There is no official time when people know their sexual orientation. For some people, adolescence is the time when they figure out their sexual orientation, but for other people it may not happen until young adulthood or even later in life. During adolescence, our brains start to release certain hormones that help our bodies go through puberty and change. This happens over many years. At the same time, we may start developing crushes towards other people, which may lead to having pleasurable sexual experiences. For some people, this gives them a clue about who they might have sexual and romantic feelings towards, and what their sexual orientation might be. Sexual orientation can change over time. It’s ok to identify with different orientations as you get older.
Is it OK to be lesbian, gay, bisexual, or queer?
Yes! Although some religions and cultures may have traditional beliefs that these types of feelings shouldn’t be expressed as behaviors, current medical, psychological, and psychiatric organizations believe that being lesbian, gay, bisexual, or queer (LGBQ) is normal. Many religions and cultures are inclusive and welcoming of LGBQ people. Regardless, many LGBQ people are able to keep their religious values and cultural identity and feel comfortable expressing their sexuality.
What’s the difference between gender identity and sexual orientation?
Many people confuse the two, but here is a simple way to understand the difference: gender identity is more about “who you are” (boy, girl, both, or neither) and sexual orientation is about “who you have a crush on.”
Can I be both transgender and LGBQ? What about transgender and straight?
Yes and yes. Being transgender is about gender identity, not sexual orientation. Everyone has a sexual orientation, regardless of what their gender identity is. Transgender people, just as cisgender people, may be attracted to people of the same gender based on their own gender identity, attracted to people of a different gender based on their own gender identity, or they may be attracted to more than one gender.
What are homophobia and biphobia?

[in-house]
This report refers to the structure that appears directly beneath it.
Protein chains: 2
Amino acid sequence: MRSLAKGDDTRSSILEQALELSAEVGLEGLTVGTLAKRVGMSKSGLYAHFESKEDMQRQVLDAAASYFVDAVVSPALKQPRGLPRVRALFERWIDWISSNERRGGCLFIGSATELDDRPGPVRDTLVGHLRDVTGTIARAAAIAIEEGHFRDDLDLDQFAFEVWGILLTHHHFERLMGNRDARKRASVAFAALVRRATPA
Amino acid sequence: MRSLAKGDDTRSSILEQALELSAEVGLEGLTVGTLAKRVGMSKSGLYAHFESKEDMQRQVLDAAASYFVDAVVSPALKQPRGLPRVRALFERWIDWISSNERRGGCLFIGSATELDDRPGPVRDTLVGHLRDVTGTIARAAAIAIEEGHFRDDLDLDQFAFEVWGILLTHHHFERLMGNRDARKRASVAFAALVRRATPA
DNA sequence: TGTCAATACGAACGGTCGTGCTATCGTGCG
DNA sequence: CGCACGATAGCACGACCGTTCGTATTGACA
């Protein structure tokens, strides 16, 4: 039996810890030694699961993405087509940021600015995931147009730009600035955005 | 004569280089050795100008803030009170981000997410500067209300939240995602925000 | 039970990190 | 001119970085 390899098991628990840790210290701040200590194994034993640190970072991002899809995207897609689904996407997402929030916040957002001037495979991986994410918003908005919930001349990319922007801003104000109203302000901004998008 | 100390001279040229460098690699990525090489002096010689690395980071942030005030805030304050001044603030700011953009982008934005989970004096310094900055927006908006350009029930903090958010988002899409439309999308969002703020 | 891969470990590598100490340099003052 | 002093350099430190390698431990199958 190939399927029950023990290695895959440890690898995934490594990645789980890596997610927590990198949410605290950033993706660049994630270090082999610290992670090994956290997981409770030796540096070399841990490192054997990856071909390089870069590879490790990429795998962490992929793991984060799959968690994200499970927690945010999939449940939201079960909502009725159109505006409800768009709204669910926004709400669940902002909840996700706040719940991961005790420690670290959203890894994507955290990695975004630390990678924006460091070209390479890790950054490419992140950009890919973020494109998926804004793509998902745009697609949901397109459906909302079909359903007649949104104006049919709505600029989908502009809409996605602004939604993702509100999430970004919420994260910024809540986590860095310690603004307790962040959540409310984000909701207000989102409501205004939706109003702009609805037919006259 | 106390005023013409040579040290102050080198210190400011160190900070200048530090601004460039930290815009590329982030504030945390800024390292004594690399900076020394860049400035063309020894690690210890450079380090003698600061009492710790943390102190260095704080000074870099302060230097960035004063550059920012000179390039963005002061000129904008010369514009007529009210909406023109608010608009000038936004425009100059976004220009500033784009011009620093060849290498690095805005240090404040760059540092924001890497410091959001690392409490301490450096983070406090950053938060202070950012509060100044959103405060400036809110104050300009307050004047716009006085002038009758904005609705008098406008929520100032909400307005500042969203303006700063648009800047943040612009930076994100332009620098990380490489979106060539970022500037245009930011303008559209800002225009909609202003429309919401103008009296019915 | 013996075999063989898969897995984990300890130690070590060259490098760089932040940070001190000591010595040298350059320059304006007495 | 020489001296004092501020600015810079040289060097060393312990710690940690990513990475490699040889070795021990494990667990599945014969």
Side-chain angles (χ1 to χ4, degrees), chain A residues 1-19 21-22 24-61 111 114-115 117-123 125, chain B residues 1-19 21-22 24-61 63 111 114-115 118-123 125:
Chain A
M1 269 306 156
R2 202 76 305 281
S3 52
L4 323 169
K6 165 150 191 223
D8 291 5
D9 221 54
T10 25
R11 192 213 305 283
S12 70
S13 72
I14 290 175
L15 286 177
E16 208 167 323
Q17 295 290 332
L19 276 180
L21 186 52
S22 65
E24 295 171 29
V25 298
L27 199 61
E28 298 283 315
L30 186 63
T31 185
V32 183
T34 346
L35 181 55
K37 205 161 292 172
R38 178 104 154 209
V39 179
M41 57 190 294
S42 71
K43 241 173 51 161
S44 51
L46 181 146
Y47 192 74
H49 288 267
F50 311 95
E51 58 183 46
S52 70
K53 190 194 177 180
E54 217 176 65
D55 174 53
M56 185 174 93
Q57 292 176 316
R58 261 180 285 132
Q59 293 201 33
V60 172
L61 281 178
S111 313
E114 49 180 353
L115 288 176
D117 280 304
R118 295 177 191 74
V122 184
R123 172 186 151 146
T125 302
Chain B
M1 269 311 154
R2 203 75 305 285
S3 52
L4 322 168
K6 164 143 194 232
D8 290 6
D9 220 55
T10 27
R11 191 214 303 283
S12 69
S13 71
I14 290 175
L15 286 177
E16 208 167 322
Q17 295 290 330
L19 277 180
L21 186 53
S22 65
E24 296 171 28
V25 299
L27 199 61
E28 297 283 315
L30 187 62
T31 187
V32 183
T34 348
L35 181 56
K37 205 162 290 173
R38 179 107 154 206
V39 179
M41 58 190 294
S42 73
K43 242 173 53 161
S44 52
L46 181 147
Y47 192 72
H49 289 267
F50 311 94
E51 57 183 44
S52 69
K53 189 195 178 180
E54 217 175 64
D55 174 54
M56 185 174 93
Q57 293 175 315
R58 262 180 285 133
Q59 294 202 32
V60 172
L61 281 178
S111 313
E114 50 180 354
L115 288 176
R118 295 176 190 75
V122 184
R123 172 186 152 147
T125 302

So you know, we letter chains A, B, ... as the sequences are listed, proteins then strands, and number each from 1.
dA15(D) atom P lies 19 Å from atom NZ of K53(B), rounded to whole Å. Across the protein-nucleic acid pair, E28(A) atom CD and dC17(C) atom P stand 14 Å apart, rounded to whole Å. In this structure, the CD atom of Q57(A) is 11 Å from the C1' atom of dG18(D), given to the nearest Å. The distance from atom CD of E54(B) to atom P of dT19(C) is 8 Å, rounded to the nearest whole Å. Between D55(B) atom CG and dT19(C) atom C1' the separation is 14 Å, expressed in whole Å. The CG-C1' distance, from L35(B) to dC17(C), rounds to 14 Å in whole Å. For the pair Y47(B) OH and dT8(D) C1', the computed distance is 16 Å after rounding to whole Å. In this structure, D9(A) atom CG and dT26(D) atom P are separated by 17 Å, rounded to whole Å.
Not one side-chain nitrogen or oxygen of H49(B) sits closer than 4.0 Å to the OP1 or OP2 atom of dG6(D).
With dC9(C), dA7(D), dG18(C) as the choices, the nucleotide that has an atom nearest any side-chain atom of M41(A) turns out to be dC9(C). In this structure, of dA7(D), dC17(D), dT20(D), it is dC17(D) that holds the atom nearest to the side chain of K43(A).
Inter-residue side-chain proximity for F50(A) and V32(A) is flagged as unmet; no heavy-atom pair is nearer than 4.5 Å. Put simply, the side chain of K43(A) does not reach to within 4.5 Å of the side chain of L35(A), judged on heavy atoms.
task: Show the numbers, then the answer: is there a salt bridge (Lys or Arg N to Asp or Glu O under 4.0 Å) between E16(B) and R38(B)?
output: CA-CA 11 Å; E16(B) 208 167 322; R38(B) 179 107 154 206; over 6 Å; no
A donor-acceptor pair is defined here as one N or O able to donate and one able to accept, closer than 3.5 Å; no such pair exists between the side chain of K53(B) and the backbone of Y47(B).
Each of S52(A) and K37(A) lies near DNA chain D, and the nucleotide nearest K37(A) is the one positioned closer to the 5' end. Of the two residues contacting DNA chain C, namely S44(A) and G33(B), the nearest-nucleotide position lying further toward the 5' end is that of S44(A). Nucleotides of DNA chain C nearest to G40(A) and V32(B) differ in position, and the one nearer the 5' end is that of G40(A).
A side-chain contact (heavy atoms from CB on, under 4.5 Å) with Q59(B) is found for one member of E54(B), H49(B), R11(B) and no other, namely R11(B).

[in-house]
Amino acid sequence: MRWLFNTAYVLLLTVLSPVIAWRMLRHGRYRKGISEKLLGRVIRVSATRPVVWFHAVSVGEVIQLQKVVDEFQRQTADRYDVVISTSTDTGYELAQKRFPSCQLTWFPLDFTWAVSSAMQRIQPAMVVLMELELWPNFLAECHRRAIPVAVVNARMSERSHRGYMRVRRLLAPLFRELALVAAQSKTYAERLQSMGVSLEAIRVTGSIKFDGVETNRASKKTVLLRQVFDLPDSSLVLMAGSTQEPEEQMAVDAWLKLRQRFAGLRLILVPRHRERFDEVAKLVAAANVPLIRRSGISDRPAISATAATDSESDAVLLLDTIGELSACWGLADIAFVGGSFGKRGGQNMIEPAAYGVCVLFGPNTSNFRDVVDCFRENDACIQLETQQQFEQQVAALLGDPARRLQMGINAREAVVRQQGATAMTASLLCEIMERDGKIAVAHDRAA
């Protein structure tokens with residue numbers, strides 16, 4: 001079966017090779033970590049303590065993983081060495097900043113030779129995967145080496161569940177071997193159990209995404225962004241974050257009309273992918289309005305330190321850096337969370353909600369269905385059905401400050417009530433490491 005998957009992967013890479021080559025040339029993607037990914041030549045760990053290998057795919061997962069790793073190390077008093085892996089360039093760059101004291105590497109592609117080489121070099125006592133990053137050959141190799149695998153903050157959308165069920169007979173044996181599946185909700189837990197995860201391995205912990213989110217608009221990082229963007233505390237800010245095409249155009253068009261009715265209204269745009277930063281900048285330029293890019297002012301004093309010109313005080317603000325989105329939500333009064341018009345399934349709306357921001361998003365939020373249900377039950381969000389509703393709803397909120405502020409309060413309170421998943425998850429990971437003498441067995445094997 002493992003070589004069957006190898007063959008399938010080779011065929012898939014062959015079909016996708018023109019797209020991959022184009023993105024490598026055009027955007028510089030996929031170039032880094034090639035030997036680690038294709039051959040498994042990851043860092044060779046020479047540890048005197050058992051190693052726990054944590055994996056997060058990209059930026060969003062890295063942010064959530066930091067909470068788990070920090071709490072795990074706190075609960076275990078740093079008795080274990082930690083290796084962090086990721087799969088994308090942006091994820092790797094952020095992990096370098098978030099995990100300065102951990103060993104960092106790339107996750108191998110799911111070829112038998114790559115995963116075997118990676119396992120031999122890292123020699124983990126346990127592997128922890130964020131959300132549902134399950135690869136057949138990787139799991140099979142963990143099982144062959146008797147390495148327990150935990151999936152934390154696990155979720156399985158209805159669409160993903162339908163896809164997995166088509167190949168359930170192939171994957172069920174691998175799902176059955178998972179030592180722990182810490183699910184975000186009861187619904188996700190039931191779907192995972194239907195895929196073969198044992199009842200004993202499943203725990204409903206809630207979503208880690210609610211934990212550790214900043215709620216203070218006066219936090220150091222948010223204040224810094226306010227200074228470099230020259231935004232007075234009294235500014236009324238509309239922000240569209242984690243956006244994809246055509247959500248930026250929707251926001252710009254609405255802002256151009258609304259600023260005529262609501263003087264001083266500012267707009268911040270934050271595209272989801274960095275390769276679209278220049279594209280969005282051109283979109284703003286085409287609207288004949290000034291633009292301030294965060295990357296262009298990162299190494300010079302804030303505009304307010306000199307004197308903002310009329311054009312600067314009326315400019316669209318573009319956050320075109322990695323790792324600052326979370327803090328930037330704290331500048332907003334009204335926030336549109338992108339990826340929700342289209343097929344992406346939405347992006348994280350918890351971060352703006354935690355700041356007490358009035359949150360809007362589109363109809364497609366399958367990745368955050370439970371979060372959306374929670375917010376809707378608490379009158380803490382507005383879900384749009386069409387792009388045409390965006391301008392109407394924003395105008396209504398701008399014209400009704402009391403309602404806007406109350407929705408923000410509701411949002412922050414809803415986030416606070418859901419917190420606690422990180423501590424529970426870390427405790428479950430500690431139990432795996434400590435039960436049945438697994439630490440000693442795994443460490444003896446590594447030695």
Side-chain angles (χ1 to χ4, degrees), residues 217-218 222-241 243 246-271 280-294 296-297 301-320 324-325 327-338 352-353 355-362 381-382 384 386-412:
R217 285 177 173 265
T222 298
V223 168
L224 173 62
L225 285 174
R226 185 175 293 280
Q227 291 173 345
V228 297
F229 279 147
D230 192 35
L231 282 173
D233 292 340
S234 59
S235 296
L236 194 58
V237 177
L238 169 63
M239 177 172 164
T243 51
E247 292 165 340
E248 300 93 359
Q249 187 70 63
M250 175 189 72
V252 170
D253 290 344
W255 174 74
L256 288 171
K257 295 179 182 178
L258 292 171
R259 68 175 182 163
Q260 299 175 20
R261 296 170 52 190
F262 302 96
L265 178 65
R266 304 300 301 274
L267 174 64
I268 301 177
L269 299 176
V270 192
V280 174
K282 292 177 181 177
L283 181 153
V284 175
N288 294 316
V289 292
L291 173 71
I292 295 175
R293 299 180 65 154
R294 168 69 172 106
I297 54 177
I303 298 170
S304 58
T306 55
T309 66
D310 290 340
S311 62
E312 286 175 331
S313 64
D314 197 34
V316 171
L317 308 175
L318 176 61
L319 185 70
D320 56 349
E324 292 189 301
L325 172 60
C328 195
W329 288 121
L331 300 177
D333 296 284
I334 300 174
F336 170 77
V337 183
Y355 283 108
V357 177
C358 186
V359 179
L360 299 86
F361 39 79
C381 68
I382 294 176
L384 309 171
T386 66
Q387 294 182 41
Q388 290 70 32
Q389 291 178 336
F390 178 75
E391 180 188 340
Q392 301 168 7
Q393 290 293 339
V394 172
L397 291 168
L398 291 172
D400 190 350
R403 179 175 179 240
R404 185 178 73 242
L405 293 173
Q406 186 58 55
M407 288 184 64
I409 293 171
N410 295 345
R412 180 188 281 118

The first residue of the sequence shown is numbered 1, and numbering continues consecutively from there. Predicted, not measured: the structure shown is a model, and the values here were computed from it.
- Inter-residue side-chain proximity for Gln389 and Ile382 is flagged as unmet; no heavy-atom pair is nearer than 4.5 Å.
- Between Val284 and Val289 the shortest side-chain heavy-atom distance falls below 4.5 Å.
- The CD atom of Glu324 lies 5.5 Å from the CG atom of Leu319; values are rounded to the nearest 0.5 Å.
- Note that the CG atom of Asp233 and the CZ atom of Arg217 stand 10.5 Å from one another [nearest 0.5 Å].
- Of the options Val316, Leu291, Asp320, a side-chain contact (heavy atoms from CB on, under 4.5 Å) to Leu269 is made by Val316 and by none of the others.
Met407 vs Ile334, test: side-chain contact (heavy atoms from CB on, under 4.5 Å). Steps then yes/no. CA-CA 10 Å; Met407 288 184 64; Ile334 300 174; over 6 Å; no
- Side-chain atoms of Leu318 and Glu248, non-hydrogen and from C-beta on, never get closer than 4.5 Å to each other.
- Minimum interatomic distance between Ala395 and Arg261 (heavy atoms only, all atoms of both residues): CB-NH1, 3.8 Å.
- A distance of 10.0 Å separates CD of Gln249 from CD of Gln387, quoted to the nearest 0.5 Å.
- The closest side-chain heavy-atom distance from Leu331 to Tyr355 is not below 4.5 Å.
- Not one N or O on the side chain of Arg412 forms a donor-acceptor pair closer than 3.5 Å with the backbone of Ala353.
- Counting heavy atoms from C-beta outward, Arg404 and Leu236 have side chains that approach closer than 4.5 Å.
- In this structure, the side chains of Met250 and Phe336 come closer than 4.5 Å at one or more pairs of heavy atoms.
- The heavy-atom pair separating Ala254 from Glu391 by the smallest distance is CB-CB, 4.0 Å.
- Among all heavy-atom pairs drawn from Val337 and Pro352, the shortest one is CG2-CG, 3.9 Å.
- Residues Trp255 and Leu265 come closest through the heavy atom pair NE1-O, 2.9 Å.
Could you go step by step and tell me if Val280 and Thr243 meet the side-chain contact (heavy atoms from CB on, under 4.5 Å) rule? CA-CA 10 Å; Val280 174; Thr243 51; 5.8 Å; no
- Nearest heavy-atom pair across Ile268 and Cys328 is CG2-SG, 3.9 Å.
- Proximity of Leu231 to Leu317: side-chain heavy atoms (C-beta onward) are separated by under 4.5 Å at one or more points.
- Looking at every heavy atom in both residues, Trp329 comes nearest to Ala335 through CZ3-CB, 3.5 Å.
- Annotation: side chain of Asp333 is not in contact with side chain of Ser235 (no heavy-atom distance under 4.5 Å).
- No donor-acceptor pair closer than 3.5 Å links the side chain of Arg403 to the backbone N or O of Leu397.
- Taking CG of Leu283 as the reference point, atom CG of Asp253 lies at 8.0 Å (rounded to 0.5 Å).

Homophobia is a term that describes negative feelings and attitudes toward people who are attracted to people of the same gender (e.g., lesbian or gay), and biphobia is a term that describes negative feelings and attitudes toward people who are attracted to more than one gender (e.g. bisexual or pansexual).
What are some examples of homophobia and biphobia?
Negative feelings and attitudes about lesbian, gay, bisexual, and queer (LGBQ) people can be shown in different ways. Some ways are obvious and intentional; for example, direct insults, threats, bullying, physical harm or violence, and discrimination. Some ways are less obvious. Examples of these hidden forms of homophobia, biphobia, or transphobia include people who aren’t comfortable around LGBQ people; not including LGBQ persons in your activities, groups, or events; the use of slurs/words in an unintentional way; and avoiding discussions about LGBQ issues due to feeling uncomfortable. All types of homophobic and biphobic attitudes and behaviors can be hurtful and sometimes dangerous to LGBQ people.
Why do homophobia and biphobia exist?
There is no easy answer to this question! The best way to understand it is to realize that mainstream culture often feels uncomfortable with differences, and minority groups can be labeled as “different.” Minority is a term used to describe any group of people who experience a relative disadvantage in living their day to day lives as compared to the mainstream or dominant group. Other minorities such as racial/ethnic groups are also discriminated against. Even though being LGBTQ is common, these groups are still minorities, as minorities are not necessarily small in numbers. The good news is that through advocacy and social change mainstream people are becoming more welcoming and inclusive of diverse people, and hopefully homophobic and biphobic behaviors will become less common in the future. Even if you do not identify as LGBTQ, you can help support your friends who are by ensuring they feel welcome.
- The Trevor project: https://www.thetrevorproject.org/
- GSA network: https://gsanetwork.org/
- GLSEN https://www.glsen.org/